Another thing to consider when coming up with ideas you can leave for a sub is having the same types of activities each time the sub comes.
If you have one of the Close Read bundles, you’ll be able to use a different Close Reads with Mystery Pictures activity almost every time a sub comes into your room. This activity repetition will make the sub feel more comfortable and prepared and keep them coming back time and time again!
#3 | Digital Games
If you’re lucky enough to have subs that can use tech (which I know some of you are), then digital games are great to leave for a sub.
The value of digital games is the ease of setup. No prep! Just open and play.
One of the types of games we highly suggest is the Game Show Games because they can be played either as a full group or in small groups, which gives both you and your sub options.
#4 | Center Activities
This is one of those places where you’ll want your students to be able to help out or just be prepared because when you have multiple activities going at once, it’s best if the students already know how to use them.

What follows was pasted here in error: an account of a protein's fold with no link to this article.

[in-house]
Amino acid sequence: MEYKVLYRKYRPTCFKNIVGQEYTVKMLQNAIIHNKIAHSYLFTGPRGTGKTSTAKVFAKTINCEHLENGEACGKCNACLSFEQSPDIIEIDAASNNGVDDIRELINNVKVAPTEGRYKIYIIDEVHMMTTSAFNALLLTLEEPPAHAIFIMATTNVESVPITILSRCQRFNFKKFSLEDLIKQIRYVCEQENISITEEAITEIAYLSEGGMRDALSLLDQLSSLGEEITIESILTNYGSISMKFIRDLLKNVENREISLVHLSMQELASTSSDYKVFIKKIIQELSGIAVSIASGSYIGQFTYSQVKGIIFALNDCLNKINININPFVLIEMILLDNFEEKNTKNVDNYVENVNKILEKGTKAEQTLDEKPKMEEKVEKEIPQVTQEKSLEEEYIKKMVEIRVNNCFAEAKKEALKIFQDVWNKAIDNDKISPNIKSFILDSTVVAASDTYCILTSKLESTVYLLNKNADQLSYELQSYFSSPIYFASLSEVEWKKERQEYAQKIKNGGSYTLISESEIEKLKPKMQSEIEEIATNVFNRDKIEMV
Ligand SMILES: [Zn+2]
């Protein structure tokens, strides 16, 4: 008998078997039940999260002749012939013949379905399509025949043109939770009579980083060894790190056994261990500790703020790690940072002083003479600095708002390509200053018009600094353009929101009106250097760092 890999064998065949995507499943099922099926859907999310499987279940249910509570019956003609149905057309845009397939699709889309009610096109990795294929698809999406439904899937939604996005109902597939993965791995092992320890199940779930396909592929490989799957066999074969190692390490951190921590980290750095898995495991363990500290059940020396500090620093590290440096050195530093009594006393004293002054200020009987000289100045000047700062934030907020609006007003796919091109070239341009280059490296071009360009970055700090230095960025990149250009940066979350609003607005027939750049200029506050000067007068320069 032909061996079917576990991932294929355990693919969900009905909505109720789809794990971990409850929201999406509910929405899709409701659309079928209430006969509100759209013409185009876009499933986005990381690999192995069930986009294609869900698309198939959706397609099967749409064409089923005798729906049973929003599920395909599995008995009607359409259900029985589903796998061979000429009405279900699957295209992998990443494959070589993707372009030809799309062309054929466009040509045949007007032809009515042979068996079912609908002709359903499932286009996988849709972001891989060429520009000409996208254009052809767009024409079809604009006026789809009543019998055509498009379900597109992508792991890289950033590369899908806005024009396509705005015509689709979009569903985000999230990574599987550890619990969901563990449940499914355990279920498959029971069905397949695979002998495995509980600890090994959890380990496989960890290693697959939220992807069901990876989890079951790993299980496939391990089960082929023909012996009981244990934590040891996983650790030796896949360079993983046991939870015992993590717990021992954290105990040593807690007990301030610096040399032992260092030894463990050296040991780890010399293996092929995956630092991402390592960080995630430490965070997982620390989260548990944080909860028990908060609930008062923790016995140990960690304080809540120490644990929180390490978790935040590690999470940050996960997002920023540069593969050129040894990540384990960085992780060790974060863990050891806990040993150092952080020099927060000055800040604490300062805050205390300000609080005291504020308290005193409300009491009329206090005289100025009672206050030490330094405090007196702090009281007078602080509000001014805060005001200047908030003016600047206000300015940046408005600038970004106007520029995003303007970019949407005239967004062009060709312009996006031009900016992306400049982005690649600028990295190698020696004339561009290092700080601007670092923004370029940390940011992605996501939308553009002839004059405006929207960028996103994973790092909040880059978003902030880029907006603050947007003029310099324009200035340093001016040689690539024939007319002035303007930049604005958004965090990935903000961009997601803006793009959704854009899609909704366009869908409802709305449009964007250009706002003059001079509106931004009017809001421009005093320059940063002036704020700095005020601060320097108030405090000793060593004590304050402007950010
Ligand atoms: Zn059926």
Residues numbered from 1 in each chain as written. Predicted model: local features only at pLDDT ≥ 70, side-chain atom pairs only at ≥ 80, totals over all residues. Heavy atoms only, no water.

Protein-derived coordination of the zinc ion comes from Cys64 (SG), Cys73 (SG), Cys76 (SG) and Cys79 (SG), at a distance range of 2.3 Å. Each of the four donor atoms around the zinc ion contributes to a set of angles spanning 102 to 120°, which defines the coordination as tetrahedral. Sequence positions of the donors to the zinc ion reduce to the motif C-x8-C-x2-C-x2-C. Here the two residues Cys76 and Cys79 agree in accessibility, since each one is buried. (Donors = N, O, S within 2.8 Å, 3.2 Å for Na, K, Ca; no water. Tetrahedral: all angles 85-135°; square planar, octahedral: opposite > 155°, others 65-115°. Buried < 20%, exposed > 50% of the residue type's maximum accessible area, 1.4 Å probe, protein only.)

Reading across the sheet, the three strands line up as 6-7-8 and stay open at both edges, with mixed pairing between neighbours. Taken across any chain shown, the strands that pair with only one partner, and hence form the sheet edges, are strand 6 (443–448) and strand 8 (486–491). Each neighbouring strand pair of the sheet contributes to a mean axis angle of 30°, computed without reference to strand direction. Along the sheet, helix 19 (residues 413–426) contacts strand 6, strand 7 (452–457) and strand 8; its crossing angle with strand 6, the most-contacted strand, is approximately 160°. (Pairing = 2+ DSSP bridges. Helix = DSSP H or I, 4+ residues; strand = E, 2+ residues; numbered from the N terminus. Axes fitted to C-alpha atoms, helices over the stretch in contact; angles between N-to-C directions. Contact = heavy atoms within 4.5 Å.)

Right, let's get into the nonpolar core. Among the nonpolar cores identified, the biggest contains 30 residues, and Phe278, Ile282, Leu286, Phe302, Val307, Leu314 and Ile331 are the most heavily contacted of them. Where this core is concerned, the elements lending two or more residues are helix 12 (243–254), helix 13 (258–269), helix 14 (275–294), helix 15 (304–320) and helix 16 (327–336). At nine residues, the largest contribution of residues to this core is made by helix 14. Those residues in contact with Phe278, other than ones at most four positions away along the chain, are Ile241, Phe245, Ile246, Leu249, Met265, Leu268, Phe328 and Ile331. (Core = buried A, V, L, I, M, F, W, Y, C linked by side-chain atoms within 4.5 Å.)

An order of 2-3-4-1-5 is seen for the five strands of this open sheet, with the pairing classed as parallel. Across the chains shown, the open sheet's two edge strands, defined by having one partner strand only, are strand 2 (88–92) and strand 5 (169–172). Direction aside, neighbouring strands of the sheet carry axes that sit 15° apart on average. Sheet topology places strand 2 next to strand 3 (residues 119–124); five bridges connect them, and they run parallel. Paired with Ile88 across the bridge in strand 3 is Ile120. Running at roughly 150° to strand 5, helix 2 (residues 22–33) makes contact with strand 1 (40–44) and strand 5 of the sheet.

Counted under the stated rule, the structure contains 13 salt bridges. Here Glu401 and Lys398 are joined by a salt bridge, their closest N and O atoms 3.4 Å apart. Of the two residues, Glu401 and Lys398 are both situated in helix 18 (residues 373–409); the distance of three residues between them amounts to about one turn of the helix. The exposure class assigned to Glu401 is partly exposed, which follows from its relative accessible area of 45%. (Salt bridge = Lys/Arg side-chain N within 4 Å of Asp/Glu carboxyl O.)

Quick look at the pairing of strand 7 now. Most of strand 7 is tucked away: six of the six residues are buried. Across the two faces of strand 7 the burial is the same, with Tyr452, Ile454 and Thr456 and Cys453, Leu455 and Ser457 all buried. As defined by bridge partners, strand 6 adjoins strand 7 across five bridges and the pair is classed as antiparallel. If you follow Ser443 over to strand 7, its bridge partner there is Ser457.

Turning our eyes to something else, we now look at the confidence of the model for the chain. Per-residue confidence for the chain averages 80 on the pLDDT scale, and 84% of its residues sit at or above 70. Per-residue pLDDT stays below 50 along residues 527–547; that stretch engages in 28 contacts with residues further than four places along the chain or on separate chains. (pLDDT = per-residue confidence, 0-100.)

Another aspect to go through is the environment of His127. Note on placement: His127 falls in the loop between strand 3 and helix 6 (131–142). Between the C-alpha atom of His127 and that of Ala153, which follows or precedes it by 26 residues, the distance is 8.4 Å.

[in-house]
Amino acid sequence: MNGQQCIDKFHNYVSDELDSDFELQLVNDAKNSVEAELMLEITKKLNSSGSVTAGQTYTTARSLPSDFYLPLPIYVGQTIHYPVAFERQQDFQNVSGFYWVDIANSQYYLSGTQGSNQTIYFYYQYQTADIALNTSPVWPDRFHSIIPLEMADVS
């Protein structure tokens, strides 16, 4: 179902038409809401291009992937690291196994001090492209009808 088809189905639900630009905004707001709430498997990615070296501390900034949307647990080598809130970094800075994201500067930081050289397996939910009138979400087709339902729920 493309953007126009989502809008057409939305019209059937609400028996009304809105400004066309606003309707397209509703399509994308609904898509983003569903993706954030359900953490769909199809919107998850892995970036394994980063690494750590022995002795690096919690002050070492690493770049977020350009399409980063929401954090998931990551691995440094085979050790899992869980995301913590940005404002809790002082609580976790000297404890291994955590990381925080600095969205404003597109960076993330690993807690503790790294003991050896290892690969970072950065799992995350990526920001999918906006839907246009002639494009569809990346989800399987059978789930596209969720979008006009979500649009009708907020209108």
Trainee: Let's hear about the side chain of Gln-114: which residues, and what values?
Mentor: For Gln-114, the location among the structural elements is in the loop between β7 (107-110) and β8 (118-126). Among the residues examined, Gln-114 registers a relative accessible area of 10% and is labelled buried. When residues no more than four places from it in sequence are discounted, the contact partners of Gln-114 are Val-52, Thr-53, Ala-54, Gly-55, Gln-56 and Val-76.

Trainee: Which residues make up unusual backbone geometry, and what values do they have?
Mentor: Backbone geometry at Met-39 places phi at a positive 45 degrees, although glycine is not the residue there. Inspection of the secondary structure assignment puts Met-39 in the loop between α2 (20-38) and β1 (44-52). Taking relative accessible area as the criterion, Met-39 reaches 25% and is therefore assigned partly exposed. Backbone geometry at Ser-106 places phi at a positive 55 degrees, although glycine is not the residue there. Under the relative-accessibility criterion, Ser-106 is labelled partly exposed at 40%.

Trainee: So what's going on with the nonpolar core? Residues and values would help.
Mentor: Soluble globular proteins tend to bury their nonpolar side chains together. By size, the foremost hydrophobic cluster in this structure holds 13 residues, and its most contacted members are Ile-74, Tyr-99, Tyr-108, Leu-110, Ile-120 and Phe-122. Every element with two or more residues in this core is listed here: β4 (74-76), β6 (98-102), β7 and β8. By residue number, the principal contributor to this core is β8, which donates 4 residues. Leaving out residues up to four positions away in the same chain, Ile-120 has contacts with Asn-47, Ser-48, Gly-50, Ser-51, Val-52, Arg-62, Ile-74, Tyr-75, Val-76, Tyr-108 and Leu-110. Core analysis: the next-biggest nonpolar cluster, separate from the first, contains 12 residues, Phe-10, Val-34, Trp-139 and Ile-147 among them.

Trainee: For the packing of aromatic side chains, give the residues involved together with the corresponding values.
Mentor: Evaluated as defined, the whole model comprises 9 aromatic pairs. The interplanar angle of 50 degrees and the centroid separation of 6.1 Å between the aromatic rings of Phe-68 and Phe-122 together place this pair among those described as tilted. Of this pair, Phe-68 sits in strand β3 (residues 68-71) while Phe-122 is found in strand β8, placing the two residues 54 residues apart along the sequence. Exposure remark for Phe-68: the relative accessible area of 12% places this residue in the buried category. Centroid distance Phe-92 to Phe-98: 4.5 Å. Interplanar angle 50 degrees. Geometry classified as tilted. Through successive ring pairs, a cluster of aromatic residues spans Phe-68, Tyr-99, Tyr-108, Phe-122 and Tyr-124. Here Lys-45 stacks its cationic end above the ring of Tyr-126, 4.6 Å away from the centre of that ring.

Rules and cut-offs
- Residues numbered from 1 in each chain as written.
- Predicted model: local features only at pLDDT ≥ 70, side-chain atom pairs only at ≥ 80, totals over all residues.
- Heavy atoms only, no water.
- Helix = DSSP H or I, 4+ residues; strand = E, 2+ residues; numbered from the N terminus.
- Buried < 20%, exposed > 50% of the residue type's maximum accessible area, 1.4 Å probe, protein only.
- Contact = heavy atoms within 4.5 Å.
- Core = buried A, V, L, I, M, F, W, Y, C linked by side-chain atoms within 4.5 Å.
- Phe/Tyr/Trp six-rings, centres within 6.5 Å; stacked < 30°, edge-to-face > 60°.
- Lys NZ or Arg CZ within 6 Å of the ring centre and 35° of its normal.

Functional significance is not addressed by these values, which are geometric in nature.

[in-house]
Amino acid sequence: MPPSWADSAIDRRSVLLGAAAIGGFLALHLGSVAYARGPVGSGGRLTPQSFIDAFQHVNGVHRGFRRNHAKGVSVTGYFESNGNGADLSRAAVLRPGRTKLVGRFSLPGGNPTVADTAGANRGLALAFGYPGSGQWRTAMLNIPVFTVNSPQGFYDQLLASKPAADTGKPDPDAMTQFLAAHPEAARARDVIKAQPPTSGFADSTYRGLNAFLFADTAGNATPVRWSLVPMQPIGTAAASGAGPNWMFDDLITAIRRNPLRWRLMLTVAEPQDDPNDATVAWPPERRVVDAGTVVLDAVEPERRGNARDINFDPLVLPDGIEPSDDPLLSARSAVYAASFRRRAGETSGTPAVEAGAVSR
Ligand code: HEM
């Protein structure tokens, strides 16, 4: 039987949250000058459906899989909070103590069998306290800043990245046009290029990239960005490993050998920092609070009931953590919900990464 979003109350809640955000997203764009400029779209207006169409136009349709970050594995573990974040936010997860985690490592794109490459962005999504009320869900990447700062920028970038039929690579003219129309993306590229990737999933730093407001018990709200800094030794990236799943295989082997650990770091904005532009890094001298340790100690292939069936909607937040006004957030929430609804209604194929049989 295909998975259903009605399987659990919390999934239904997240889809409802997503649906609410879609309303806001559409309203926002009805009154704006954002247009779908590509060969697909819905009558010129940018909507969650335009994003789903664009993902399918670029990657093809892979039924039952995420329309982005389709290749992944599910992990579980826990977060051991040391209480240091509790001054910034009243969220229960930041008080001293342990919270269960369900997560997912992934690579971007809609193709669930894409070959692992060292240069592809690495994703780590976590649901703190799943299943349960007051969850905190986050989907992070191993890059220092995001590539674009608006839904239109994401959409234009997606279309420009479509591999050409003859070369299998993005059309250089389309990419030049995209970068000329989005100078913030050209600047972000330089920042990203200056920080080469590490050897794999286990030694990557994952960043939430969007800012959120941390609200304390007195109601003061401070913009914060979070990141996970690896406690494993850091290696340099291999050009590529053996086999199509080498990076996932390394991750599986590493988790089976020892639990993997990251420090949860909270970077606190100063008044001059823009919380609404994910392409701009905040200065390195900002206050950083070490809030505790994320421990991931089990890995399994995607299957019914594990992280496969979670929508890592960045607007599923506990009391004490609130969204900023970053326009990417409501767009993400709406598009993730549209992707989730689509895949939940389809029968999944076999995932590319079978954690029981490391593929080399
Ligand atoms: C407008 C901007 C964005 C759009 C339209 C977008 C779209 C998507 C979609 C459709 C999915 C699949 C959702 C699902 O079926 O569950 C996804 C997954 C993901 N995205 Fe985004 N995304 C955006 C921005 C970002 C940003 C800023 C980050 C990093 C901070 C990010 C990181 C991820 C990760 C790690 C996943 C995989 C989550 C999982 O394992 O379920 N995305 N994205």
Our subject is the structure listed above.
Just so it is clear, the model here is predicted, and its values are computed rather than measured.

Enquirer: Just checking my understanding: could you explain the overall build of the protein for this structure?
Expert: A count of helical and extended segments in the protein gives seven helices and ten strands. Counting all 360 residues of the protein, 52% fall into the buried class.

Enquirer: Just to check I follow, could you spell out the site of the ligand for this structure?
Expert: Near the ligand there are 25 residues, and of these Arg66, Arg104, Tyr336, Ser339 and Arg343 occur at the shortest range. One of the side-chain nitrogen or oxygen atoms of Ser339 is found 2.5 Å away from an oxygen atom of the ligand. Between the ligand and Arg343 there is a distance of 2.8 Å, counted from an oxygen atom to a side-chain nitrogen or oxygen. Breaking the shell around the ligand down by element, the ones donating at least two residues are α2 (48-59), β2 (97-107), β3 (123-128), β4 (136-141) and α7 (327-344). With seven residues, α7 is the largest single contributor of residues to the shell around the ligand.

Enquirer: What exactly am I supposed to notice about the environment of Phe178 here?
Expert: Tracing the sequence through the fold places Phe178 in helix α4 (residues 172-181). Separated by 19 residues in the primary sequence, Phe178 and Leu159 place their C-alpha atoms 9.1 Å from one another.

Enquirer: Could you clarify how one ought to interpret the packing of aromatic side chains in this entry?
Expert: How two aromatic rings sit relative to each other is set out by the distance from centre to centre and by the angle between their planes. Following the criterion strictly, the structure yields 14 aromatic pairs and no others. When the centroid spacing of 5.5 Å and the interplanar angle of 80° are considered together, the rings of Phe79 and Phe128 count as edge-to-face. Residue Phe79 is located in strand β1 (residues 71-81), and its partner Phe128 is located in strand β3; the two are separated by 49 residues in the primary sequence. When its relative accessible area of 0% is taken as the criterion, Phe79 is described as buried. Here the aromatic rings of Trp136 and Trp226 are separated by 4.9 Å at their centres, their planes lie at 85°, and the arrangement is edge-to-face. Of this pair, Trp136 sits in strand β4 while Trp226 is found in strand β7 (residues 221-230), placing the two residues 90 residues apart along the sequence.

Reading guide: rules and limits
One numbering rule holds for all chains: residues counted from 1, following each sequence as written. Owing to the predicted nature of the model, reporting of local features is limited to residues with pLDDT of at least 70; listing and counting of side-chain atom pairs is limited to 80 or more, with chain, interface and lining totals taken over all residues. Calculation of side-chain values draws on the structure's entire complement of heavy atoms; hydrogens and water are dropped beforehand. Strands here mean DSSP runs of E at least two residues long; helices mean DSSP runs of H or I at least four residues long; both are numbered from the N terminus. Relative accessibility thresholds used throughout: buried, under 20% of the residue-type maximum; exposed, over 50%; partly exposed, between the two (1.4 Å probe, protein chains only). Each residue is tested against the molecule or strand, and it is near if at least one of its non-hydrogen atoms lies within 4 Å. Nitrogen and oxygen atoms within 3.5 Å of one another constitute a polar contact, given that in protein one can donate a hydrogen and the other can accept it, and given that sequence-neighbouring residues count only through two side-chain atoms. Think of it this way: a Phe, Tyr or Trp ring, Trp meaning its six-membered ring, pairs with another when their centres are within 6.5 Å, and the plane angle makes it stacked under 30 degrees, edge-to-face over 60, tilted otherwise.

We strongly suggest reviewing this post on student accountability during centers and this post on tips for playing games in the classroom for some of our strategies and ideas for preparing students for exactly these kinds of moments.
The Digital Puzzles are great for an individual station, and they can be quickly pulled up on any device. The Digi-Games follow a game board style of play so that they can be played in pairs or groups. Also, since there are so many different versions of each type of game, you can find ones that align with your topic for the day or spiral into topics that you’ve already covered.
#5 | Read-aloud
Go ahead and keep your read-aloud time when you’re considering which ideas you can leave for a sub.
My students always loved read-aloud time, no matter what, and were engaged. Plus… it’s easy for a sub.
Depending on what kind of reading your class is currently working on, you can have them working ahead in a novel, or you can leave a few picture book activities the sub can do with the students.
If you can, give the sub a heads-up on the book in advance, so they can take the time to read through it before go time. If not, maybe leave them a note to read through it while the students are working on their close reads or on their group collaboration projects.
Don’t forget to leave questions, activities, or writing prompts to give the sub some structure and guidance.